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AIDS. 2001 Jan 26;15(2):231-9.

Lipodystrophy-associated morphological, cholesterol and triglyceride abnormalities in a population-based HIV/AIDS treatment database.

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Centre for Excellence in HIV/AIDS, Vancouver, BC, Canada.



To provide population-based estimates of the prevalence of lipodystrophy syndrome and constituent symptoms and to identify correlates of prevalent symptomology.


Participants in a province-wide HIV/AIDS treatment programme reported morphological and metabolic abnormalities. Probable lipodystrophy was defined as self-report of at least one morphological abnormality or both high cholesterol and triglyceride levels. Explanatory variables investigated included: age; sex; ethnicity; transmission risk group; CD4 cell count; plasma viral load; AIDS diagnosis; duration of infection; alternative therapy use; past, current and duration of use of antiretroviral therapy (ART) by class and specific drug; total duration of ART; and current adherence. Stepwise logistic regression identified possible determinates of lipodystrophy.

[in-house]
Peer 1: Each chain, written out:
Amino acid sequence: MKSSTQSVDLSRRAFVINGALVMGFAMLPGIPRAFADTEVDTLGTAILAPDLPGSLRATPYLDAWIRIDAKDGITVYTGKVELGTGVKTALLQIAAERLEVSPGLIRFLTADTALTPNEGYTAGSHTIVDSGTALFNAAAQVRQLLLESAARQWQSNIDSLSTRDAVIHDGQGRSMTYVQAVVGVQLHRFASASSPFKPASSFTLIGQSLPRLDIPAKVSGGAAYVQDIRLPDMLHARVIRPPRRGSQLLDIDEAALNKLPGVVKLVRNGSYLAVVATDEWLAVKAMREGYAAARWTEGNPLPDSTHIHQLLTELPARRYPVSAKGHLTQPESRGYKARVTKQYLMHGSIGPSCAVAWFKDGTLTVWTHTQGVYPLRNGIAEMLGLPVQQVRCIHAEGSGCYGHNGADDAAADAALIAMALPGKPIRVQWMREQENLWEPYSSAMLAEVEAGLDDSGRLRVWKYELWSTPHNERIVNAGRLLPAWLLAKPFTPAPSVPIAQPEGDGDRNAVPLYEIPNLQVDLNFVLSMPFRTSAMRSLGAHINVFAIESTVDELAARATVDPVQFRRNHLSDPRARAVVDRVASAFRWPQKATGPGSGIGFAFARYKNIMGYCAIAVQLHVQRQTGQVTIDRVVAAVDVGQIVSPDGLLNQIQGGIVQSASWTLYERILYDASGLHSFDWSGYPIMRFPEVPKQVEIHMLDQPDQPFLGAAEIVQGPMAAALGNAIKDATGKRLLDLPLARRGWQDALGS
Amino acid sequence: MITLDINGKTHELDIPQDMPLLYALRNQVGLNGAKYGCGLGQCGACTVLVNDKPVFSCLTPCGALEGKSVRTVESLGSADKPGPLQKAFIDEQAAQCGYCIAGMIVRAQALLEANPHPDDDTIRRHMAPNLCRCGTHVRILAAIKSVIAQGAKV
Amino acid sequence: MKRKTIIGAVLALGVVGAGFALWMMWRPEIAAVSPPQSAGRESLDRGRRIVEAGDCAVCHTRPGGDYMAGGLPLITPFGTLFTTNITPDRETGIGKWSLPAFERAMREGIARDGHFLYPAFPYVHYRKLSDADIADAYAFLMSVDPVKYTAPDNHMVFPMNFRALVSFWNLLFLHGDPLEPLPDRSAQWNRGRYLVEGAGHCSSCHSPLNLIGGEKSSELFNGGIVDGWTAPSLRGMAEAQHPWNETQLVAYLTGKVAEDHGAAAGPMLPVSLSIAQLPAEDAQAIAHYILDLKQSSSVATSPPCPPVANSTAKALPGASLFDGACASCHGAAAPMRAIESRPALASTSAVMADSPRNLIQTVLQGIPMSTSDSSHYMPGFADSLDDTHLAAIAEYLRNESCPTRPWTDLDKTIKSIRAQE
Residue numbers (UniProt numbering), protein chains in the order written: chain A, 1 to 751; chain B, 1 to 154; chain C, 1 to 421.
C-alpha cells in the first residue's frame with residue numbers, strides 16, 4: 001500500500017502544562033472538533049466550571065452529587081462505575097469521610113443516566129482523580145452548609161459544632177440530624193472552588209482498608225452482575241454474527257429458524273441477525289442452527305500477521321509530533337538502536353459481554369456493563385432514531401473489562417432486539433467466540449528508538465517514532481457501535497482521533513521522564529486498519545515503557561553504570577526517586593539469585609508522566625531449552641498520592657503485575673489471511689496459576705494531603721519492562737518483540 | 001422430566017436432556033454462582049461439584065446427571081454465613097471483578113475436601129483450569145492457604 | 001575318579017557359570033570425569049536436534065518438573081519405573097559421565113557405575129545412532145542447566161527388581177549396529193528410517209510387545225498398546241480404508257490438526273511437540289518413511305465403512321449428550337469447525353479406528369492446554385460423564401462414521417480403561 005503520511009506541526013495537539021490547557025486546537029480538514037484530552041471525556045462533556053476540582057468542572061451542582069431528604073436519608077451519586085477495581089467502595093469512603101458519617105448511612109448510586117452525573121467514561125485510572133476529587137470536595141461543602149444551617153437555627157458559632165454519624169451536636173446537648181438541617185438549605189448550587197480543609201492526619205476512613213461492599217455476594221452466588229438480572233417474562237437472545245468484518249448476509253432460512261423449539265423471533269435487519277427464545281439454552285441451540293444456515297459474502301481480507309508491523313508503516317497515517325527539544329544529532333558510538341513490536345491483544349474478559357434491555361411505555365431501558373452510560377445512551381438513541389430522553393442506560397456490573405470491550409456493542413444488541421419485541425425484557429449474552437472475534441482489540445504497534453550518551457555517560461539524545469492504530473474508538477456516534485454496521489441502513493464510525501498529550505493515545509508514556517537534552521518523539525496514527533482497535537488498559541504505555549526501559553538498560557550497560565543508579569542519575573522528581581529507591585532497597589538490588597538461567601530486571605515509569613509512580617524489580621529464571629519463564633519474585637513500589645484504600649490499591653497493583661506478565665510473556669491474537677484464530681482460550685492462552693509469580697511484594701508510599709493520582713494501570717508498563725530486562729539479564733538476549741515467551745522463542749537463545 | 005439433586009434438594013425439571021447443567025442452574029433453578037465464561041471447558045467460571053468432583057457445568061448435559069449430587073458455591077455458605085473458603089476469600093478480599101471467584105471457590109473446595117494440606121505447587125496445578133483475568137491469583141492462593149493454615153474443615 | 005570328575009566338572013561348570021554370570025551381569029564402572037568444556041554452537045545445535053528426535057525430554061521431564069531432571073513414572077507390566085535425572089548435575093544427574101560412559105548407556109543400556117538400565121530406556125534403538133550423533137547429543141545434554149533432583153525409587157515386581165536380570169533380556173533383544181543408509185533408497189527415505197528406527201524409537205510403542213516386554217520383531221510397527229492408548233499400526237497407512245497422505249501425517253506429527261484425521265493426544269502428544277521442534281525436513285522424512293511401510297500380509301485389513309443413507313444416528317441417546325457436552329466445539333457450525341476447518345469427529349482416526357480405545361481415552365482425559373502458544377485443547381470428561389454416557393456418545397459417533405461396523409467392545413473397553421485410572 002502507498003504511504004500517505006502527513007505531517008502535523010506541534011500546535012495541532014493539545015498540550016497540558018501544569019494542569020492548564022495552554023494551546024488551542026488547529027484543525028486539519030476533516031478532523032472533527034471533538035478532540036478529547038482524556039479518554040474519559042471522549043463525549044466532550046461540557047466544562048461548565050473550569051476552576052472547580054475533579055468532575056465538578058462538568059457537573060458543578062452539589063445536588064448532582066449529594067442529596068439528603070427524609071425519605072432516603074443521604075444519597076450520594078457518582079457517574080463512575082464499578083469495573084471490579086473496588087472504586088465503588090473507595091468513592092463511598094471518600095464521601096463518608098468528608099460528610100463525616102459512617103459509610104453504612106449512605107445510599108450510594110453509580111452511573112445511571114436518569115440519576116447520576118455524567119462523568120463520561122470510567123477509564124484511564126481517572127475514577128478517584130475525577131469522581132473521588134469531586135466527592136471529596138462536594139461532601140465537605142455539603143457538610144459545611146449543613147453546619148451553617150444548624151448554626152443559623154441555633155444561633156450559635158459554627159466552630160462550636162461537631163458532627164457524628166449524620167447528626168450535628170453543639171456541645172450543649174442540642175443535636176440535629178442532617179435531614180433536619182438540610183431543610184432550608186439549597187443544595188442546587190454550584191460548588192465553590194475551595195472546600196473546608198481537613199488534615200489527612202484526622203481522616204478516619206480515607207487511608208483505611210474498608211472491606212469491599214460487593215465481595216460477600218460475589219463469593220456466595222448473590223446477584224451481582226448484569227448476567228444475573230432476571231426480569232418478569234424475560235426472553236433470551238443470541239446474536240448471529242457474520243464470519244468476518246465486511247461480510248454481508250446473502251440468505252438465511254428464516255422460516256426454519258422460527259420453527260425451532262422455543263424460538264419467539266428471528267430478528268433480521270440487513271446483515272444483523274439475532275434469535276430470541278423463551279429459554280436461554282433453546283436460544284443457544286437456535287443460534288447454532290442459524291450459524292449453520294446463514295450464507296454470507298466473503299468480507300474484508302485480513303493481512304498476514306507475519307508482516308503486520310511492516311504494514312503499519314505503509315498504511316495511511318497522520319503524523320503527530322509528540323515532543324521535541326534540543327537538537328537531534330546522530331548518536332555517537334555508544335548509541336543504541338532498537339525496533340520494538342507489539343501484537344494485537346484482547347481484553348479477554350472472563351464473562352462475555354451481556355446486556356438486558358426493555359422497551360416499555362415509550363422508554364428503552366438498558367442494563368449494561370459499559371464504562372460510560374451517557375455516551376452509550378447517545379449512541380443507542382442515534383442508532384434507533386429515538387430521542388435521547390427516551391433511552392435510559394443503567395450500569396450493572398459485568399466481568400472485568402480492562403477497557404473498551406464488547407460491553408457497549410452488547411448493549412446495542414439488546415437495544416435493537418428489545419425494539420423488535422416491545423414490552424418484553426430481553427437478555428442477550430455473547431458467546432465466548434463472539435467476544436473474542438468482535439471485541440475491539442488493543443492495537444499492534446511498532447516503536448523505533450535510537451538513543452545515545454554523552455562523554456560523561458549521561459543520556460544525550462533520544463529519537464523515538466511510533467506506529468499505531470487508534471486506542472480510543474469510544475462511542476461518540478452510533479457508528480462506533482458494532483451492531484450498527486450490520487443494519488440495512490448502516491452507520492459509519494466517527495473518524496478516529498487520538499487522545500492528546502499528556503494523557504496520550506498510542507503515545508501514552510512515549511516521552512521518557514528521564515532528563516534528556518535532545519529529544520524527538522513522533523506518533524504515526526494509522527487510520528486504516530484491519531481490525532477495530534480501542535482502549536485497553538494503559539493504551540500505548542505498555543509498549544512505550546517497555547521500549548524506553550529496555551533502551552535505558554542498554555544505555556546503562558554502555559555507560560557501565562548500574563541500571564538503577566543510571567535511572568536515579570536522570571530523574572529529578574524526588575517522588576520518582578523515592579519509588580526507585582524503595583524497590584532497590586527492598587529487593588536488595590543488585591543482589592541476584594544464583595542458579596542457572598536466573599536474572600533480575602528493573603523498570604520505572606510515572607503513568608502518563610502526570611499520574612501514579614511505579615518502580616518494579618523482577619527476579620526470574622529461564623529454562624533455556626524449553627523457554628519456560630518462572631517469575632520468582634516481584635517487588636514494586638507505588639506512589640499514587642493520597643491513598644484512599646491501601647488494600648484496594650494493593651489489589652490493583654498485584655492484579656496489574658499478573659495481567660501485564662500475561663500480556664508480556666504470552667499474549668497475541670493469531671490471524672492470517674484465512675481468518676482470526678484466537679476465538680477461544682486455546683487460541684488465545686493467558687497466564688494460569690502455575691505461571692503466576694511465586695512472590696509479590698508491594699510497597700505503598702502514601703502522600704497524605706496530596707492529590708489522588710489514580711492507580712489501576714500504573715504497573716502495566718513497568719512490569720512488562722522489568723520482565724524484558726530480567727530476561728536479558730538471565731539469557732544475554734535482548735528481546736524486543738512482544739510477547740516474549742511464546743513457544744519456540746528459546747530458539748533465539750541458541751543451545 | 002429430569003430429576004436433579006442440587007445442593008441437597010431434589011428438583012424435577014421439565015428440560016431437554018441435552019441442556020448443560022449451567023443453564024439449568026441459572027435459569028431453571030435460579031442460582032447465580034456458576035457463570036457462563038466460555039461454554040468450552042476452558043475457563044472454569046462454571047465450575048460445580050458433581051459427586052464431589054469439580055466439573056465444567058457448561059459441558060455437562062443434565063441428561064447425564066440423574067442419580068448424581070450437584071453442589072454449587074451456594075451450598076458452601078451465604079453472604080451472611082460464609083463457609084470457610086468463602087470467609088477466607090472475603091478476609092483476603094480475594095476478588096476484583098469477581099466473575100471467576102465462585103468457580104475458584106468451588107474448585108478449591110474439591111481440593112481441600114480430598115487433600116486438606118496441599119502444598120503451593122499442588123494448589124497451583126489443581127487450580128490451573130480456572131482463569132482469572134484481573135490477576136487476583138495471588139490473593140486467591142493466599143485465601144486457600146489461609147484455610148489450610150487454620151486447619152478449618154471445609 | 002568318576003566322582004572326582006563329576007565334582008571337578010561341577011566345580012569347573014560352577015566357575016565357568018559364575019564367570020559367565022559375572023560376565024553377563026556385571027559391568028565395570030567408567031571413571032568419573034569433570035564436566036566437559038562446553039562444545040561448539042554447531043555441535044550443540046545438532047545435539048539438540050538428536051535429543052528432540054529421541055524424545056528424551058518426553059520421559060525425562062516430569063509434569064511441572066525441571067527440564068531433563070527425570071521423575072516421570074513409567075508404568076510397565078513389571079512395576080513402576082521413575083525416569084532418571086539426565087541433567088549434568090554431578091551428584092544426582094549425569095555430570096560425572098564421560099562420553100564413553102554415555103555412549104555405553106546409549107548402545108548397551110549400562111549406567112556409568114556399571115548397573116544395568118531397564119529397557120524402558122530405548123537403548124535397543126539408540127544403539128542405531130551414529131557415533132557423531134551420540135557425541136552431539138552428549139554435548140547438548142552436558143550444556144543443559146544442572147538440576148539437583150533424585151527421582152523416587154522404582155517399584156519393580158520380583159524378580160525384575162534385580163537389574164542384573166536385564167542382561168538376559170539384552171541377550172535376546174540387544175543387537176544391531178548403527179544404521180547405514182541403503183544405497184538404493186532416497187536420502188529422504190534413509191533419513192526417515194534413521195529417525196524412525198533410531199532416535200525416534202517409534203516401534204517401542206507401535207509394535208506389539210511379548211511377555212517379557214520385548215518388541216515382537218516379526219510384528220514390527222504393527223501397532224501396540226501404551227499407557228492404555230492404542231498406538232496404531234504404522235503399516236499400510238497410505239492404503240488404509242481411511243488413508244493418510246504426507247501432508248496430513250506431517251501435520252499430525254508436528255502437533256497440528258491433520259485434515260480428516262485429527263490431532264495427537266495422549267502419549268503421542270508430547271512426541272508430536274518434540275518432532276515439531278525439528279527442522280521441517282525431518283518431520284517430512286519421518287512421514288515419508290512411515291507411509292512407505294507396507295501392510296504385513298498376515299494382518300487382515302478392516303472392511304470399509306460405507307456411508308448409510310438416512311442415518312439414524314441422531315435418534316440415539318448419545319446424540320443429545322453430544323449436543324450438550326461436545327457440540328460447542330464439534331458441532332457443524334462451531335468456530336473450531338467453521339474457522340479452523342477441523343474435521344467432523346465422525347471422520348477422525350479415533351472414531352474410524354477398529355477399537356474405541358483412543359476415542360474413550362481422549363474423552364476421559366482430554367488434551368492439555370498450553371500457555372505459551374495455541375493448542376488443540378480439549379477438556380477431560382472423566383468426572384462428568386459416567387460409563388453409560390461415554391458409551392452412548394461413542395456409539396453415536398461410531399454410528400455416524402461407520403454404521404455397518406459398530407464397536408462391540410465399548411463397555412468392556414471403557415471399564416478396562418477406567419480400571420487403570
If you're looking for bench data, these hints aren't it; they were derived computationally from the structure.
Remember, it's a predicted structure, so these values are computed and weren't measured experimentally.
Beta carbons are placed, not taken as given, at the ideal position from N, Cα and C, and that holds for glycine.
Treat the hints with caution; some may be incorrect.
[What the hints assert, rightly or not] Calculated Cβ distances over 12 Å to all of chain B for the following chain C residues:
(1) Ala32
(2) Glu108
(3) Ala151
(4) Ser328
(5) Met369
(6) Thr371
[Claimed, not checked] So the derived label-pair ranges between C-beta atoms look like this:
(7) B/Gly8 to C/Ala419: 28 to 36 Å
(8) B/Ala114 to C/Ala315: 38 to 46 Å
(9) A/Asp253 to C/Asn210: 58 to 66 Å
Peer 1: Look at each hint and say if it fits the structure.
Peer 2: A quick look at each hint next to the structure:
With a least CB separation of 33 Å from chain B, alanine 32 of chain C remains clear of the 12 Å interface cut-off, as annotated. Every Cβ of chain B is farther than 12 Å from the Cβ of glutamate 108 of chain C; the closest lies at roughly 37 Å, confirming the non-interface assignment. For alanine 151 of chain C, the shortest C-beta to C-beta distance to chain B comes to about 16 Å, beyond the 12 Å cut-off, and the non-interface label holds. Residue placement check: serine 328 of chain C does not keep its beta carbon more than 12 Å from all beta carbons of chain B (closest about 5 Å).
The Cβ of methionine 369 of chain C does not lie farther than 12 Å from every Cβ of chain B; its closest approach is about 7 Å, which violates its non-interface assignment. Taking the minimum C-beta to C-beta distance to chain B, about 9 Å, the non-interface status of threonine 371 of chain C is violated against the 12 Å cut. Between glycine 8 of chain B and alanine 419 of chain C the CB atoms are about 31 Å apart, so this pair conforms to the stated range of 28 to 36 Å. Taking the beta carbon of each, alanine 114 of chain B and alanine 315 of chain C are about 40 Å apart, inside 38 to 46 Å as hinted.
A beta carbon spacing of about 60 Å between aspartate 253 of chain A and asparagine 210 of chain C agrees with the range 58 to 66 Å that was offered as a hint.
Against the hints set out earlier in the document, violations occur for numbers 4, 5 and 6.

Of 1035 participants, 50% appeared to have probable lipodystrophy, with 36% reporting peripheral wasting, 33% abdominal weight gain, 6% buffalo hump, and 10 and 12% increased triglyceride or cholesterol levels, respectively. In multivariate analysis, lipodystrophy was associated with older age (per year) (AOR 1.03; 95% CI 1.01, 1.04), the use of ingested alternative therapies (AOR 1.46; 95% CI 1.06, 2.01), having ever used protease inhibitors (PI) (AOR 2.63; 95% CI 1.89, 3.66), and duration of stavudine treatment (per year) (AOR 1.35; 95% CI 1.15, 1.58). In analysis limited to participants exposed to PI, after similar adjustment, the duration of lamivudine rather than stavudine treatment was associated with lipodystrophy (AOR 1.32; 95% CI 1.13, 1.53).


Increased risk of abnormalities is associated with the use of PI, and the duration of stavudine and lamivudine treatment after adjustment for personal characteristics, clinical disease stage, duration of infection and detailed treatment history.

[Indexed for MEDLINE]

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